[Photo: National Security Agency, Ft. Meade, MD via Wikimedia]

Jack Goldsmith and Susan Hennessey Run Cover for Those Giving Jeff Sessions Unreviewable Authority to Criminalize Dissent

I’m used to Susan Hennessey partnering with Ben Wittes to write apologies for NSA and FBI that ignore known facts. I’m a bit surprised that Jack Goldsmith did so in this defense of Democrats — like Adam Schiff and Nancy Pelosi and nineteen Democratic Senators — who have voted to give Jeff Sessions unreviewable authority to criminalize dissent using certain privacy tools.

NSA did not fix “abouts” problems before the issues became public

There are numerous problems with this post. The one that irks me the most, however, is the claim that the “system itself” identified and addressed problems with “abouts” collection before they became public.

We acknowledge that the program has raised hard legal questions as well as difficult compliance issues, primarily involving “abouts” collection. But these problems were identified by the system itself, long before the issues became public, and the practices were fixed or terminated.

This claim, one I’ve corrected Hennessey for on numerous occasions on Twitter, is false, and should be retracted.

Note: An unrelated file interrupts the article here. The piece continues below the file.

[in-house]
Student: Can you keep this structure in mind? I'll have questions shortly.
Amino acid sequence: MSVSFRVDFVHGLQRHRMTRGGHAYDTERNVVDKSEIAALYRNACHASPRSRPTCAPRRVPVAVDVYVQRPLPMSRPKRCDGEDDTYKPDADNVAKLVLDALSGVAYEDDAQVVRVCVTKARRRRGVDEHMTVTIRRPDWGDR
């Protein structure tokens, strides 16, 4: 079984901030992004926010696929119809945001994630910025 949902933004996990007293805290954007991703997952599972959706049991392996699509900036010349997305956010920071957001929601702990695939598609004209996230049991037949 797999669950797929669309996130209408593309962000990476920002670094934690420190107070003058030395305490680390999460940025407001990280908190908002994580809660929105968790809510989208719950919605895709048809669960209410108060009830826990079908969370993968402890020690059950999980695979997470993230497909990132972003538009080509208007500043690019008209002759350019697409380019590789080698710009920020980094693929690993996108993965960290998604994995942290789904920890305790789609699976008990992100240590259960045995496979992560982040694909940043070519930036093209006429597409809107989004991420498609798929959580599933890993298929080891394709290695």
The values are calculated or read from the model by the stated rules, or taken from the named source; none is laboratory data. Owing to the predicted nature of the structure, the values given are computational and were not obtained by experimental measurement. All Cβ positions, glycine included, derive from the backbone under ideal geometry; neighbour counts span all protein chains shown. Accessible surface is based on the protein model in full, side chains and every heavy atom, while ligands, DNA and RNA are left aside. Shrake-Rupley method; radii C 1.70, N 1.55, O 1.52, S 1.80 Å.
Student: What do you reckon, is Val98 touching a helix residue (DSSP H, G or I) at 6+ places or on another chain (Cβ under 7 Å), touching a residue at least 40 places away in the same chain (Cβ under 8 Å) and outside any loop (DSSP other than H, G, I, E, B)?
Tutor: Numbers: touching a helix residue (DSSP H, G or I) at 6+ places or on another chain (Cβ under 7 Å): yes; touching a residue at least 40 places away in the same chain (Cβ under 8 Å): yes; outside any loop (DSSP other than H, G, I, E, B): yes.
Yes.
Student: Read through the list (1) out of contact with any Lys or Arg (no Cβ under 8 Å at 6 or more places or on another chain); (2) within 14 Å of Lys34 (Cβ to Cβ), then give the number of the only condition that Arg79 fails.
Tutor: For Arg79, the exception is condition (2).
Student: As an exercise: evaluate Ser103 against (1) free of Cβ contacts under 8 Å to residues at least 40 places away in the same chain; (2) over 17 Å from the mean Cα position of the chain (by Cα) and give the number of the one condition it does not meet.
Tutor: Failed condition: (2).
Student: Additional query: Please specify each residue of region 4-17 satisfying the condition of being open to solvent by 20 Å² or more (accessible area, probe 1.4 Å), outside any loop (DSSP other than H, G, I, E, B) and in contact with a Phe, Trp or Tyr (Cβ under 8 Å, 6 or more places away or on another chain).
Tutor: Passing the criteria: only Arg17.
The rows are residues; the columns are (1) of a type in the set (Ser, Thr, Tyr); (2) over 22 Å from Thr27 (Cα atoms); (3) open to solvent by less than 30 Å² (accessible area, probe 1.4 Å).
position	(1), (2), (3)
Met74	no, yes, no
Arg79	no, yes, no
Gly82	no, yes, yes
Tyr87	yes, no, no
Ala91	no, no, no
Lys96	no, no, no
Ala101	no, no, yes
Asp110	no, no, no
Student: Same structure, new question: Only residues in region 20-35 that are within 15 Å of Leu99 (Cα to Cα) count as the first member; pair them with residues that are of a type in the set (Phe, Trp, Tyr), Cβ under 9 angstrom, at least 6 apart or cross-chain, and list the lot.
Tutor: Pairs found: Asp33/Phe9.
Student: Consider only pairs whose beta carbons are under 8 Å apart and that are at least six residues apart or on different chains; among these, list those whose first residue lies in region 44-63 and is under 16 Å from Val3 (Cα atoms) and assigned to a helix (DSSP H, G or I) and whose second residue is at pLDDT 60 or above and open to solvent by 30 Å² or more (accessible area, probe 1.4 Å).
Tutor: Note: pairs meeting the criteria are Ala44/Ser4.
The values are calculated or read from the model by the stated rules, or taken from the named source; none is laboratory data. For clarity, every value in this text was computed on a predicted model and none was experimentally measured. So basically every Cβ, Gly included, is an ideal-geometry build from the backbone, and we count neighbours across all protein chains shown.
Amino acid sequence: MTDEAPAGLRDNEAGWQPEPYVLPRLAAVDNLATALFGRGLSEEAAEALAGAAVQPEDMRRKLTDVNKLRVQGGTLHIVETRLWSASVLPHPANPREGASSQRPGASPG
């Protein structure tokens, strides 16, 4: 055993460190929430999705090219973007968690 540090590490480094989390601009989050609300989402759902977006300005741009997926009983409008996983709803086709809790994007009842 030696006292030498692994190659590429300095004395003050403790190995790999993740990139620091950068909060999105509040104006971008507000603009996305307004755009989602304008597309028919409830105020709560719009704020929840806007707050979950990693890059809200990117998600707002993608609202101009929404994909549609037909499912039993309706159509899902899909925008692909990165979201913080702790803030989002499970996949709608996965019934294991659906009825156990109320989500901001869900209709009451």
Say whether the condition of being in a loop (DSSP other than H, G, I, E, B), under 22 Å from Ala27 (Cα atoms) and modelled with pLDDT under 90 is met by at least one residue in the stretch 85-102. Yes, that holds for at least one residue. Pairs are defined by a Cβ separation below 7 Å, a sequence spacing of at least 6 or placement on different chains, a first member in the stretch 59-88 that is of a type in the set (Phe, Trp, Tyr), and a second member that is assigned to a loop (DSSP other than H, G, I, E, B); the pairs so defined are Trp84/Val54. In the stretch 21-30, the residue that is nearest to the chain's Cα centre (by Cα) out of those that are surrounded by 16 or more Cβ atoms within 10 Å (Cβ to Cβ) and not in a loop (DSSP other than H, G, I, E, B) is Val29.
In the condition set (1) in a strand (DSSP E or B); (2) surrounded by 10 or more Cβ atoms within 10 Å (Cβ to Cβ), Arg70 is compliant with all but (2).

I say that with great confidence, because I wrote about the problems on August 11, 2016, well before NSA failed to disclose the full extent of the problems in an October 4, 2016 hearing, which led the worst FISC judge ever, Rosemary Collyer, to complain about NSA’s institutional “lack of candor.”

At the October 26, 2016 hearing, the Court ascribed the government’s failure to disclose those IG and OCO reviews at the October 4, 2016 hearing to an institutional “lack of candor” on NSA’s part and emphasized that “this is a very serious Fourth Amendment issue.”

As a reminder, the problem (the FISC has) with “abouts” collection is not so much that it collected entirely domestic communications — that’s the complaint of the rest of us. It’s that NSA never ever complied with John Bates’ 2011 requirement that NSA not conduct back door searches on upstream collection, because it might result in searches of those entirely domestic communications. In my August 2016 post, I noted that reviewers kept discovering that NSA continued to do back door searches on upstream data in violation of that prohibition, and kept refusing to implement technical fixes to avoid them.

I also raised concerns about the oversight of 704/705(b), which is how the NSA first realized how badly non-compliant their upstream searches were, on May 13, 2016, That’s about when NSA first reported to DOJ “in May and June 2016” that “approximately eighty-five percent of” queries using a tool the NSA employs with 704/705b queries “were not compliant with the applicable minimization procedures.”